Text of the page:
If the exhaust gas temperature rises above 780 C, a fresh airflow must be supplied for the afterburning (fresh air firing FAF). This Supplementary air increases the exhaust gas losses and leads to a loss in the efficiency of the system.

The Supplementary firing (SF) is divided as follows:
- Supplementary Duct-firing (SDF) (state of the art)
- Fresh air firing (FAF) (state of the art)
- New Supplementary pre-firing (SPF) (according to the invention)

Fig. 061 shows an example for the implementation of the invention in gas and steam turbine systems with simple combustion in the gas turbine and a new Supplementary pre-firing APF.
Fig. 062 shows a variant for carrying out the invention with the new Supplementary pre-firing (ZVF) and a gas turbine with a single burner (3). An air stream ML (35) is tapped at the compressor outlet and cooled by the cooling air cooler (30). A cooled partial airflow (31) is fed into the gas turbine to cool the GT blade. The residual airflow (35b) is heated by the slide (43) and pre-burner duct (41) to a temperature between 500 and 600 C., for example, and cooled by a gas cooler (34). The cooled gas stream (36) is introduced into the GT combustion chamber for combustion and for cooling the combustion chamber wall.

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Advantages of the new Pre-Firing:

- The new Supplementary pre-firing SPF takes place through the pre-burner duct (41) at high compression pressure and oxygen content and thus the combustion behavior of the pre-burner duct can take place completely so that soot cannot form
- As a result of the better combustion through the pre-burner duct and when the oxygen content limit of the gases at the GT burner outlet is adhered to or complete combustion, no increase in the CO content in the exhaust gas and no soot formation in the HRSG can take place.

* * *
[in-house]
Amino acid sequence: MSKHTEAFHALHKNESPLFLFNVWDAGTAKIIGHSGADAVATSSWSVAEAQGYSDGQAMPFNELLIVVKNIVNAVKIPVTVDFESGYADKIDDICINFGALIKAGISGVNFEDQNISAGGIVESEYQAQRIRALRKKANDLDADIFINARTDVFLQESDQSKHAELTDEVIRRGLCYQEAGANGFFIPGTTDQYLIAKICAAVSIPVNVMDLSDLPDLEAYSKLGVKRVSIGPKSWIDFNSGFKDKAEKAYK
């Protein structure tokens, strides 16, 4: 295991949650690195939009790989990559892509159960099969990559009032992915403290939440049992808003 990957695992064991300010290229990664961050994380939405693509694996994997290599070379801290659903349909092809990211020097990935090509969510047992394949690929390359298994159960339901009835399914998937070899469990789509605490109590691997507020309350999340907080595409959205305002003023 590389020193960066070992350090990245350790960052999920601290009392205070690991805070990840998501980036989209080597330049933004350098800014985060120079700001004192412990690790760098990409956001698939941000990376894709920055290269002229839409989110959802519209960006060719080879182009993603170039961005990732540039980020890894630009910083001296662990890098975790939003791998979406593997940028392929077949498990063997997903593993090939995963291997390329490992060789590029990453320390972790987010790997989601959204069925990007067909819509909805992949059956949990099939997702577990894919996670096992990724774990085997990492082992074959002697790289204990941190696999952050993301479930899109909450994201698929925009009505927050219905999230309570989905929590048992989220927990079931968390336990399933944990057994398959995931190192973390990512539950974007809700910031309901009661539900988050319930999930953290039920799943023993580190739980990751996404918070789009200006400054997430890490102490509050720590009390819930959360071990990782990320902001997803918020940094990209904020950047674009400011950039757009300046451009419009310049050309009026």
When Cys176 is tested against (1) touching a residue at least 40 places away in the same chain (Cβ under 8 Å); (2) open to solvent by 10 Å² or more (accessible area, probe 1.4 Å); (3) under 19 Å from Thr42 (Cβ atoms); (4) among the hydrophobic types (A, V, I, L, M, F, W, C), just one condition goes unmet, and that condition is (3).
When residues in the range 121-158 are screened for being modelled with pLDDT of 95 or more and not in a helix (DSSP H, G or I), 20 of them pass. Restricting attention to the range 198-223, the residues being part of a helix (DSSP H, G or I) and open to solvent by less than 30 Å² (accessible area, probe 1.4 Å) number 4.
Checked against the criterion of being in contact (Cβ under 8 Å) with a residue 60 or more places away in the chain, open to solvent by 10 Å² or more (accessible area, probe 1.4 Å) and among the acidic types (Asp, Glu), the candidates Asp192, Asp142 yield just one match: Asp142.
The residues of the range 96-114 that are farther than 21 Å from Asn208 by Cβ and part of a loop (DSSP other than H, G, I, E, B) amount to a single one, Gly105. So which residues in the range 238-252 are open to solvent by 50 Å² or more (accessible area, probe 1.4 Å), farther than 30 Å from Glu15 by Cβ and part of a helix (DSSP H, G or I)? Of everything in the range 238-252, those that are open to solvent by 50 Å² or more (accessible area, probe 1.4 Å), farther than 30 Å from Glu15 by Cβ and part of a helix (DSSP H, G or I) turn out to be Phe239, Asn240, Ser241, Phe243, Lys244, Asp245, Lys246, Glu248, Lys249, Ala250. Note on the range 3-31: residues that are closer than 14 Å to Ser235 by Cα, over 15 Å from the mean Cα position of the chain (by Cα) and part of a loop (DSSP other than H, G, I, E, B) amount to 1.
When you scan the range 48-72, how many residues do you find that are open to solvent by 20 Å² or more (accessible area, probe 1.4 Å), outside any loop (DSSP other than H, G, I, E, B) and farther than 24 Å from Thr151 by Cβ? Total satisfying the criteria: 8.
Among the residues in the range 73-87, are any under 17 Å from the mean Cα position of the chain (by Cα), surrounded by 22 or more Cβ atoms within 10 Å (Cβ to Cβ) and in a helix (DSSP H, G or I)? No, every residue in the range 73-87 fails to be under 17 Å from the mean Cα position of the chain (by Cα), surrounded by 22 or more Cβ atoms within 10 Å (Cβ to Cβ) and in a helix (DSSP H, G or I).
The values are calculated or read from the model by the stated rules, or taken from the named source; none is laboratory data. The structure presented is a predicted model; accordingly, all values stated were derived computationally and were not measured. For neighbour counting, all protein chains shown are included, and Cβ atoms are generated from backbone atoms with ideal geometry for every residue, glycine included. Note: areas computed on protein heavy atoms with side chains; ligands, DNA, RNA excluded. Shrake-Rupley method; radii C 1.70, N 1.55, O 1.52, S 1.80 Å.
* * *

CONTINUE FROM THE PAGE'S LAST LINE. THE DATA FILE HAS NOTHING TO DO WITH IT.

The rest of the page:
- No increase in the NOx level or less negative impact on the environment
- Due to the pre-firing SPF, no special alloy is required for the superheater and reheater, since the gas temperature at the inlet of the HRSG does not exceed the temperature of 650 C
- The pre-burner duct (41) is small, has an air temperature of up to approx. 600 C and is cooled by cooled air at the inlet
- When using new SPF and SDF in GT operation, the Supplementary heat output can be increased more than with the usual post-firing (up to approx. Special alloys in the superheater and reheater are necessary because of FAF
- It is also possible to build a pre-firing SPF for existing systems that are not designed for canal firing.


1    Compressor
2    Gas Turbine
3    GT Burner
5    HRSG
21  Supperheater
35  Tapped airflow from the compressor 1
31   cooled cooling airflow
35b Airflow into air cooler 34 or into pre-burner chamber 41
30   Air cooler, Cooling air cooler
32   cooling water flow
34   Air cooler
36   Cooled gas introduced into the GT
41   Pre-burner chamber, Pre-combustion chamber
42   Gas cooler
44   duct of an Supplementary firing
45   Afterburner of Supplementary firing
SF Supplementary firing
SDF     Supplementary Duct firing
FAF   Fresh air firing
SPF   Supplementary pre-firing